All of this, I firmly believe, explains why these sequels exist, why they all came/are coming out between 2010 and 2015, and why they came out so close to each other. Cars 2, again, is the anomaly of the bunch since there's no evidence that Circle 7 greenlit a sequel to Cars back in 2004/2005. Again, my conspiracy theory is that Bob Iger coaxed John Lasseter into making it after merchandise sales went through the roof and Lasseter agreed to make it because he's in love in with his universe. Can't blame him!

So basically, Pixar had to make Toy Story 3, a Monsters, Inc. sequel/prequel, and a Finding Nemo sequel. They went about the latter two in the best way possible, by not making them right off the bat. If Pixar only cared about churning out sequels, you'd see Monsters University and Finding Dory a lot sooner. As rushed, poorly-made films on top of that. No, originals exist and they continue to exist. Finding Dory is not coming out until late 2015. Why? Because two originals are coming first. But those two films don't exist, right? Right? Again, why would Pixar do two originals and then a sequel if all they cared about was mindlessly churning out sequels?

Unfortunately, Stanton or anyone at Pixar probably won't tell us about the Circle 7 deal. I think Stanton is giving us some sugarcoated PR talk, because Finding Dory exists for a reason. Disney "politely inquiring" about a Nemo sequel is not it. Pixar being money-hungry and just reared on numbers is definitely not it. John Carter bombing was not it, either. Finding Dory was most likely in the works before John Carter was officially put into production in 2010. The Circle 7 thing went down in 2004, so a Nemo sequel has been around before Stanton even got the opportunity to direct an adaptation of Edgar Rice Burroughs' influential stories. Pixar could've put some rookie in the director's chair to handle a Nemo sequel in 2006 after the merger and have the thing out in 2009/2010, just rush it out quickly. Nope, they waited a while. The official announcement came early this year, and the film is not out till 2015. That's nearly decade since the merger! Now compare that to another big studio (animation or not) greenlighting a sequel right after the first one does incredibly well on opening weekend, and the thing arrives 2-3 years later. Every Pixar sequel has arrived over 5 years after their respective predecessors; even the rushed cash-grab Cars 2 didn't arrive immediately.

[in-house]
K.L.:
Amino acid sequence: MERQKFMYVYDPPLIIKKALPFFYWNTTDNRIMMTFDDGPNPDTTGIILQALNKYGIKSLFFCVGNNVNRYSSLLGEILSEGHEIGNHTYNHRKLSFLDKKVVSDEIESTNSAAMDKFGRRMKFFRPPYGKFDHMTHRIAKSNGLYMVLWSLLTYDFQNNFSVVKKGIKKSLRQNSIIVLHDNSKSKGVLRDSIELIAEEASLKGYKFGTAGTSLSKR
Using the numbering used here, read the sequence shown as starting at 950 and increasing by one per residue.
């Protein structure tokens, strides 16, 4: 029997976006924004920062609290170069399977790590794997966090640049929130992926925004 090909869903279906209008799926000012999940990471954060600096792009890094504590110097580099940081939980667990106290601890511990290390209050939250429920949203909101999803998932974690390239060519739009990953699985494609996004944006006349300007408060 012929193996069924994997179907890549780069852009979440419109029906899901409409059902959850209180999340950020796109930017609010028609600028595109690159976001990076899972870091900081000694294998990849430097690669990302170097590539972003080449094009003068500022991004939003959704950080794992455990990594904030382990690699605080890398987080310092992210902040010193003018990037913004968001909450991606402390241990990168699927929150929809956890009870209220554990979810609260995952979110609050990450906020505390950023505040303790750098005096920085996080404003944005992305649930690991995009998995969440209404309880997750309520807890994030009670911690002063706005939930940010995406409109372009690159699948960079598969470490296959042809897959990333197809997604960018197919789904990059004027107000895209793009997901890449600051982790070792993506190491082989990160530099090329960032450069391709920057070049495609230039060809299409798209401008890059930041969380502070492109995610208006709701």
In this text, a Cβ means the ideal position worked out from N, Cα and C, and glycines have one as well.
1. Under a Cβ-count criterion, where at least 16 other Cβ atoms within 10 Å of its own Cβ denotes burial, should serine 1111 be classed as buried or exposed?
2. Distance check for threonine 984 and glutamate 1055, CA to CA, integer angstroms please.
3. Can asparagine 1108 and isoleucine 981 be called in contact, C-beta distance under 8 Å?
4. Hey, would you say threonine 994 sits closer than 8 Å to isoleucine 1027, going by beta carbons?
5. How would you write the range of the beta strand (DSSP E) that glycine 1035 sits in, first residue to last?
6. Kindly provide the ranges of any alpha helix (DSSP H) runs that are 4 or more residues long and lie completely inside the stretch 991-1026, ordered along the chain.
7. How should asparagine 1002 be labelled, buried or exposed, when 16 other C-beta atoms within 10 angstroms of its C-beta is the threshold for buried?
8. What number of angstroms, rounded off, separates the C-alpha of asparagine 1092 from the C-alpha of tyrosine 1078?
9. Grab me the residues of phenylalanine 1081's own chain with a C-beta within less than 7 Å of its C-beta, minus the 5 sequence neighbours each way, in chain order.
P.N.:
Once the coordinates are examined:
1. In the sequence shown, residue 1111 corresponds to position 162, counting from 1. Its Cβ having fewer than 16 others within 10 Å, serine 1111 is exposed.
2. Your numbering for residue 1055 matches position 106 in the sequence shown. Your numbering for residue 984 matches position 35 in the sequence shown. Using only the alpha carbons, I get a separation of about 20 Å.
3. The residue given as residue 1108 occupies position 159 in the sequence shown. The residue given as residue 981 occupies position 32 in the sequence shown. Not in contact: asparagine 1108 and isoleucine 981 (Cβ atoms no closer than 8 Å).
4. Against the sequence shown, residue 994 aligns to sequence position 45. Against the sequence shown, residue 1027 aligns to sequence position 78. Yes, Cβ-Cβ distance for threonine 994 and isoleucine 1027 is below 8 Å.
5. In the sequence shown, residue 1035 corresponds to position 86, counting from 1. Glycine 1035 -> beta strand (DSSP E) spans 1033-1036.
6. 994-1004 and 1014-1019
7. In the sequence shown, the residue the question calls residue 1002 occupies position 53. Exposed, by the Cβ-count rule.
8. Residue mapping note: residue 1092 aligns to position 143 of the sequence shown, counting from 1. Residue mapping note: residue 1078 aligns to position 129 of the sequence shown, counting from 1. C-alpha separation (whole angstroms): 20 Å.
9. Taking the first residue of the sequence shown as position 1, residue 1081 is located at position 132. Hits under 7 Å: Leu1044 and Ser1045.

In the end, I don't think Stanton's comments fully explain the existence of Finding Dory but they do help subdue the ever-expanding and annoying super-skepticism towards Pixar. The quality of Toy Story 3 and Monsters University more than help as well... It just goes to show, Pixar does take sequels seriously and will try to make them great or at least very good companion pieces to the originals. Also, remember what Ed Catmull had to say? Yes indeed, any sequel made after Finding Dory is one that they want to make. Not one they have to overwrite or make because Disney wants them to (well, maybe except for a third Cars, but I think the Planes franchise will make Disney happy in the meantime), so whatever sequel comes after 2015 will be one that isn't forced or one that had to be made. Plus, if Disney was really forcing sequels, we'd already see a rushed Brad Bird-less Incredibles 2 around this time. In fact, a sequel to that film is not in the cards at all. Not until Brad Bird says one will be made. Yeah, Disney is "forcing" sequels alright...

Going back to the whole "staying afloat" thing, Pixar is also a business in addition to being a studio. The originals are the foundation of the company, but a few sequels here and there (that are good, mind you) aren't necessarily a terrible thing. After this wave of four sequels/prequels, it'll be "original central" for a good while with very few sequels in between. Not bad, I'd say...